I decided on the day of her Memramcook performance that I’d record it for posterity. In the back of my mind, I thought maybe it would go viral. Mind you, I had no idea if it really would, but I thought I’d try, at least. After looking around town for a new high-definition video camera, I decided that my ‘terrible little digital camera’ (as it is now known) would have to do. Even in 2010, technology was very expensive. Since then, prices have come down, but I nearly spent $1,000 just to properly record the performance, hence the decision to go with what I already owned.

I came to my senses, though, and proceeded to record the performance by simply holding my ‘terrible little digital camera’and pointing at the stage in the darkened room. My hands were shaking a bit because of the angle at which I had to hold the camera. If you’ve seen the video, that’s why the video quality is not great.

To say the least, the performance went well. Kelley got an immediate standing ovation and the crowd went wild with applause and cheering. It was one of those magical musical moments. You just had to be there. I decided then and there after seeing the crowd’s reaction that I’d be uploading the performance to YouTube. Let’s try this out! But first, I had to get permission from Kelley and Monette.

Both agreed immediately, but Monette insisted on having the professionally recorded soundtrack replace the soundtrack that would have been recorded on my ‘terrible little digital camera.’ I shake my head, because at the time I thought she was being a bit silly. But I listened to her and took her advice. I should have never questioned her wisdom. Monette knew what she was doing. Never doubt a pro!

The sound technician working at the concert that evening was kind enough to replace my recording’s low-quality mono soundtrack with the professionally recorded version – the one you hear on the video if you watch it. Needless to say, it sounded amazing. Without that soundtrack, the video would have certainly been relegated to the trash heap of banal YouTube videos that are a dime a dozen. The star of the video is the soundtrack. It certainly wasn’t the grainy video footage itself.

When it hit YouTube, it started to gain in popularity as people watched and shared. Over the years, it would climb in views thanks to people sharing it on social media, such as Facebook and Twitter, or simply emailing the link to friends and family. A couple of weeks before Easter this year, the video had reached 520,000 views. Not bad for a video recorded locally!

But the Internet is a funny thing. If just the right website shares something, a video can have a second viral life. When posted the video on April 15, the video exploded in views, earning nearly one million more views in seven days. Since then, Kelley’s been inundated with emails and requests for the lyrics from around the world.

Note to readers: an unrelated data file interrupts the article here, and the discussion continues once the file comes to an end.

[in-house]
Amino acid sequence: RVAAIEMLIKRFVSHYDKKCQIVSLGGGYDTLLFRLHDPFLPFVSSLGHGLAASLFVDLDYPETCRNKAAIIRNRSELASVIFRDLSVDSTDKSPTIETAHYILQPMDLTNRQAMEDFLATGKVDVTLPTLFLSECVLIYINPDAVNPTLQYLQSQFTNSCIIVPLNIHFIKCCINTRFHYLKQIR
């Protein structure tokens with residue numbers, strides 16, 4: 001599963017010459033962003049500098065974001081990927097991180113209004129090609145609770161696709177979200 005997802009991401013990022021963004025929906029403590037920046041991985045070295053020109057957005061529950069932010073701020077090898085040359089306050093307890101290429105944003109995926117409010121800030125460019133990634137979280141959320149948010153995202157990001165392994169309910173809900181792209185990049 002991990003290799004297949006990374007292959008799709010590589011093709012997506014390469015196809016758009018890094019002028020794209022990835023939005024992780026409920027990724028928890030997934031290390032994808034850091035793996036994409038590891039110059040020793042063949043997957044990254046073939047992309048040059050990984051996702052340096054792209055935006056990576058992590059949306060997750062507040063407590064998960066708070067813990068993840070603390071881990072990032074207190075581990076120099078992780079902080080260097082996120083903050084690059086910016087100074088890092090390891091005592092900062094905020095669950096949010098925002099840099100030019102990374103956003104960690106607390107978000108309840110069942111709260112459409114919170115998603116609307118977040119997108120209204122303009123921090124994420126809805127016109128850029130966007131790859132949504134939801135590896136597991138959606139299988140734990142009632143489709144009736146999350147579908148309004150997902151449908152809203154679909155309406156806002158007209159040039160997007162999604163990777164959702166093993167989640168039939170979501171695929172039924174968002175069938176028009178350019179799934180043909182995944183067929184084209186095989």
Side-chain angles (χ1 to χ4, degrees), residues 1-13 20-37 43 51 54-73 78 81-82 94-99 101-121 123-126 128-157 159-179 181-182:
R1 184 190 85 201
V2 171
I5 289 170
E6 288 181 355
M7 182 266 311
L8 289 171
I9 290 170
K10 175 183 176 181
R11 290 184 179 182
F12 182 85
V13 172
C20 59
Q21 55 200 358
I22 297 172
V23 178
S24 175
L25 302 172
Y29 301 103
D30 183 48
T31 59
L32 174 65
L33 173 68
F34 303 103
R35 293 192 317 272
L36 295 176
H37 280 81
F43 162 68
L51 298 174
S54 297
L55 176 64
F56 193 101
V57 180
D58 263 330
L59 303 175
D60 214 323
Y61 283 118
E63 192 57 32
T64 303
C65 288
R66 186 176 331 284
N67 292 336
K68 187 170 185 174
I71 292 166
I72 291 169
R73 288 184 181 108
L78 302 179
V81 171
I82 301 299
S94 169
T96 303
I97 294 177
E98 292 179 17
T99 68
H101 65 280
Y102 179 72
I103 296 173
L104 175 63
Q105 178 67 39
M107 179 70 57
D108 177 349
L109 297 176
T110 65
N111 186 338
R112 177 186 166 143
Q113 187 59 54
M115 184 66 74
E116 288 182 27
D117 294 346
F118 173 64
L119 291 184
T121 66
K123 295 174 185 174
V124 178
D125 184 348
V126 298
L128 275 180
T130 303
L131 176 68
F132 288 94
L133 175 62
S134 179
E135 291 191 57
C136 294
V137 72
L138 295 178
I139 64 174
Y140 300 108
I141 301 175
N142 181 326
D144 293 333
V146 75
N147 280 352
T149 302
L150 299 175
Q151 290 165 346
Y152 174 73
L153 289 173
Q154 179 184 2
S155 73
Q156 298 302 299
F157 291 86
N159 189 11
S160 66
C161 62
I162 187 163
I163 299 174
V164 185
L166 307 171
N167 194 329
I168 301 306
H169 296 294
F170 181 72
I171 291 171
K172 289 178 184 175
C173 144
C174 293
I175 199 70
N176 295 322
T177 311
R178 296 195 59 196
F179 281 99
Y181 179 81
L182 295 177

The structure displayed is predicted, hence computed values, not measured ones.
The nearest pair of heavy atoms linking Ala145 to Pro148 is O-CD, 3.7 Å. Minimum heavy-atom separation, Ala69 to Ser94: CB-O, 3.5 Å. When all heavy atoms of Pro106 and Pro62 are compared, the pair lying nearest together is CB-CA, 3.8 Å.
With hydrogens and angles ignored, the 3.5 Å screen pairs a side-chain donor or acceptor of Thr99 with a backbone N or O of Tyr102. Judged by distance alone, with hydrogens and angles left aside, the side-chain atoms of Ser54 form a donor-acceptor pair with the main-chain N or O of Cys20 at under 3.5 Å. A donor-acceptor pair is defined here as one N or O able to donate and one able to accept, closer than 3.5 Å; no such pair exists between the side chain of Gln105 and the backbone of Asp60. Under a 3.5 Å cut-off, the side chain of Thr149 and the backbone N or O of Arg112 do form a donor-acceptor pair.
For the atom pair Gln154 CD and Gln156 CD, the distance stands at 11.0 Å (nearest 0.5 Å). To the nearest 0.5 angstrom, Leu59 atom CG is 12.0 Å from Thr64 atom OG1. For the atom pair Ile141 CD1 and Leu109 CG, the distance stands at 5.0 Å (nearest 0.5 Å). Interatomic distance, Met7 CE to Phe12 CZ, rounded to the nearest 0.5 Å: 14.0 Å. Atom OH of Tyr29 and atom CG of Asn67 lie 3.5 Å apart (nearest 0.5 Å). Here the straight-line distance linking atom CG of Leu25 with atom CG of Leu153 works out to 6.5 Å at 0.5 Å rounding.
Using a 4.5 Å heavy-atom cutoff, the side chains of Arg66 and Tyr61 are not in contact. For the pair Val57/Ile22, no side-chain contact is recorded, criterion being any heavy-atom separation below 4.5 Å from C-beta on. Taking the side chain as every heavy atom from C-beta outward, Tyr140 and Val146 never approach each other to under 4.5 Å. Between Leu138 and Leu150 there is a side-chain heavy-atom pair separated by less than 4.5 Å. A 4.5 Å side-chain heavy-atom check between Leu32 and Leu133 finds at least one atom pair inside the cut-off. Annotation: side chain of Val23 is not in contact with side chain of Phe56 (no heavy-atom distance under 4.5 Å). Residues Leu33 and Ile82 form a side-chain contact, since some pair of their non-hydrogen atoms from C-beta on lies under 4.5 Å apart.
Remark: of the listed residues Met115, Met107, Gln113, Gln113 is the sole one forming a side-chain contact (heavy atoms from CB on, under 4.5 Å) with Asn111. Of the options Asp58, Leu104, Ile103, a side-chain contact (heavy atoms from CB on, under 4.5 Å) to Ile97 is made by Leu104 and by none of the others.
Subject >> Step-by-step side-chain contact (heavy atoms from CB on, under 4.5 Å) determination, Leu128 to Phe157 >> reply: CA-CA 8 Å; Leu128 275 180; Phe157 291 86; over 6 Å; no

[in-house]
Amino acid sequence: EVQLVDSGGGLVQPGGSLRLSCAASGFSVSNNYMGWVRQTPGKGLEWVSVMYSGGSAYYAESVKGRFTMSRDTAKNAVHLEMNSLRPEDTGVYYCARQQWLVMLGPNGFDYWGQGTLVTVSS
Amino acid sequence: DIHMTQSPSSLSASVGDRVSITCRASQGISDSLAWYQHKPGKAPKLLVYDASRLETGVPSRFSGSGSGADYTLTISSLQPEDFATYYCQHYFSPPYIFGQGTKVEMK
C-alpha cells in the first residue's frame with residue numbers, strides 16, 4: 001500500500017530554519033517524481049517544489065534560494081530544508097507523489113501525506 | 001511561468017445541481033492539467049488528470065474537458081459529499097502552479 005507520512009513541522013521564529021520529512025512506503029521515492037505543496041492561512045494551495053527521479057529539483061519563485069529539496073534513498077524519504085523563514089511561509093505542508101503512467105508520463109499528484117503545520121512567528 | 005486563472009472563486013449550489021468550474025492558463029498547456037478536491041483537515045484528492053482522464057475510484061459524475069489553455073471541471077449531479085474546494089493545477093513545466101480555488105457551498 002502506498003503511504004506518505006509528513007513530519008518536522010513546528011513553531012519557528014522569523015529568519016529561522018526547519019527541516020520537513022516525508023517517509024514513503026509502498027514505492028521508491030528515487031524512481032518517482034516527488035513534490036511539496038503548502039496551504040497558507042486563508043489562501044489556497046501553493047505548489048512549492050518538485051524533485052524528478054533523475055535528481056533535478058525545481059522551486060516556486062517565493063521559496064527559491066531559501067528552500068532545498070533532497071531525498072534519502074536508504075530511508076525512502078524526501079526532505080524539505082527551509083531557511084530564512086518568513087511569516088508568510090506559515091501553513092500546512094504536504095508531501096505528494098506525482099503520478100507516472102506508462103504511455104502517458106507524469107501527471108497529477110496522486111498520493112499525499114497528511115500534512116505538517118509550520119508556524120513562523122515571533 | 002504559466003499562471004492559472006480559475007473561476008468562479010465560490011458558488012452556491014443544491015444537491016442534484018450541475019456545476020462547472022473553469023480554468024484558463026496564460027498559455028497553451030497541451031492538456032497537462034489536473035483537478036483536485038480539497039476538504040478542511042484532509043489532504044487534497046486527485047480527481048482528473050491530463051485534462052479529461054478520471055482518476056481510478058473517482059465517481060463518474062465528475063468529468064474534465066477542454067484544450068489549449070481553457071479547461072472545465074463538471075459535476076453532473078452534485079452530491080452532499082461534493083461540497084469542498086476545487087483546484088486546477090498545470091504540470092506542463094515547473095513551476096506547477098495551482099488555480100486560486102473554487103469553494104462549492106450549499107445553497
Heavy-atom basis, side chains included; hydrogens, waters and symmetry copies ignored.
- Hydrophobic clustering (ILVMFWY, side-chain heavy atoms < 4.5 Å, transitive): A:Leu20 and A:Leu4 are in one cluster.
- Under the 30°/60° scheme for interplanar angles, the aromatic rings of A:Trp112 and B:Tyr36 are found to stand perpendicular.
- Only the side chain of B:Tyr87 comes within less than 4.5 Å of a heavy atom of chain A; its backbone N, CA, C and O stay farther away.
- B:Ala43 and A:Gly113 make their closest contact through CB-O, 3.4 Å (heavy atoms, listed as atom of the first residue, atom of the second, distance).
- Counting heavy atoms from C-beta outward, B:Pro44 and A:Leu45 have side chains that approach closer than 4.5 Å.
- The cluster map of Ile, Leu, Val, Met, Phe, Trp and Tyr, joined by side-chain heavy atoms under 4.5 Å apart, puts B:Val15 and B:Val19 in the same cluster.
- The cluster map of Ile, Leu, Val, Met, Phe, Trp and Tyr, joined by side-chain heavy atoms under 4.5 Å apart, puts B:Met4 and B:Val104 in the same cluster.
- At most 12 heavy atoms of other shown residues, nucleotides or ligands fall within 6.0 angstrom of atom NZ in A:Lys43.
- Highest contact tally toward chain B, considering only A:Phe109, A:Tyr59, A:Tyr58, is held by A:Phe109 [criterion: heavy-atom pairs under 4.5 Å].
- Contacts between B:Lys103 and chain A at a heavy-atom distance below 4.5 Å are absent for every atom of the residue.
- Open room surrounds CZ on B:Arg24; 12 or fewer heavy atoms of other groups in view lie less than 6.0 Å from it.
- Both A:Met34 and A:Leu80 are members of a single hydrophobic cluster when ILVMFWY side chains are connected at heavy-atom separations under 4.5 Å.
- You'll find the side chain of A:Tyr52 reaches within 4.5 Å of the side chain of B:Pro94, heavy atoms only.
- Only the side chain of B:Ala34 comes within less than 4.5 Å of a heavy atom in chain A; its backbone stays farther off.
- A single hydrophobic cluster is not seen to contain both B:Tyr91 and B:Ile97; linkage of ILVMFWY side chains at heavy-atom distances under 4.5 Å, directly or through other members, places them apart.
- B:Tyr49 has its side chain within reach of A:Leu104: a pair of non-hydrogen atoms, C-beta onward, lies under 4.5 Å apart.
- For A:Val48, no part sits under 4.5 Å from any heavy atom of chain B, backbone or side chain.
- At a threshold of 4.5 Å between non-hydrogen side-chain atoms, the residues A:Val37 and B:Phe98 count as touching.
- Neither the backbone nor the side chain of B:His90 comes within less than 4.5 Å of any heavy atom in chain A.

When I was sitting in my chair in the auditorium on that June night in 2010, holding my so-called ‘terrible little camera’and recording Kelley and the choir, I never guessed how the video would do. I learned a lesson that day: sometimes you just have to go with your gut feeling in life, trust your intuition and hope for a little help along the way. And that, my friends, gets a big old “Hallelujah!” from me!

Hump Day: Sympathy for ‘The Whistler’ in a Nana-state stage scolding

Hump DayHump Day
By Brian Cormier
Wednesday, April 16, 2014
Moncton Times & Transcript
Editorial section

Our next Friday the 13th doesn’t occur until June, but that doesn’t mean superstition doesn’t surround us daily. I’ll bet you that June 13 will be a slow day for special events such as weddings and important meetings. When it comes to superstitions, I don’t let them run my life – not even a little bit. I think they’re silly. I don’t walk under ladders because it’s unsafe, not because it’s unlucky. It’s common sense.

I did witness a bit of public superstition recently that was quite dramatic, actually. International best-selling singer Nana Mouskouri held her last concert in North America in Moncton as part of her 80th birthday tour. Moncton ended up being the last stop on the Canadian leg of the tour because the American leg of the tour had been cancelled due to work visa complications.

Since she’s turning 80 in October, Nana’s international touring days are likely almost over, so those who saw her in concert in Moncton could very well have been attending the last concert she’ll ever give in North America, period. It was a fitting farewell with standing ovations and bravos. She started right on time at 8 p.m. and performed until about 9:45 p.m., definitely giving fans their money’s worth.

Nana Mouskouri
Nana Mouskouri

I was lucky enough to snag a couple of front-row tickets as a birthday present for an aunt, however she was not feeling well that day, so I brought my mother instead. Despite a bit of hesitancy at first, she ended up absolutely loving the concert. Seeing a star perform from the front row is always an experience. I love watching the interaction with the band, the facial expressions and how they ‘really look’ up close without the soft lenses of photography or being altered by computer editing.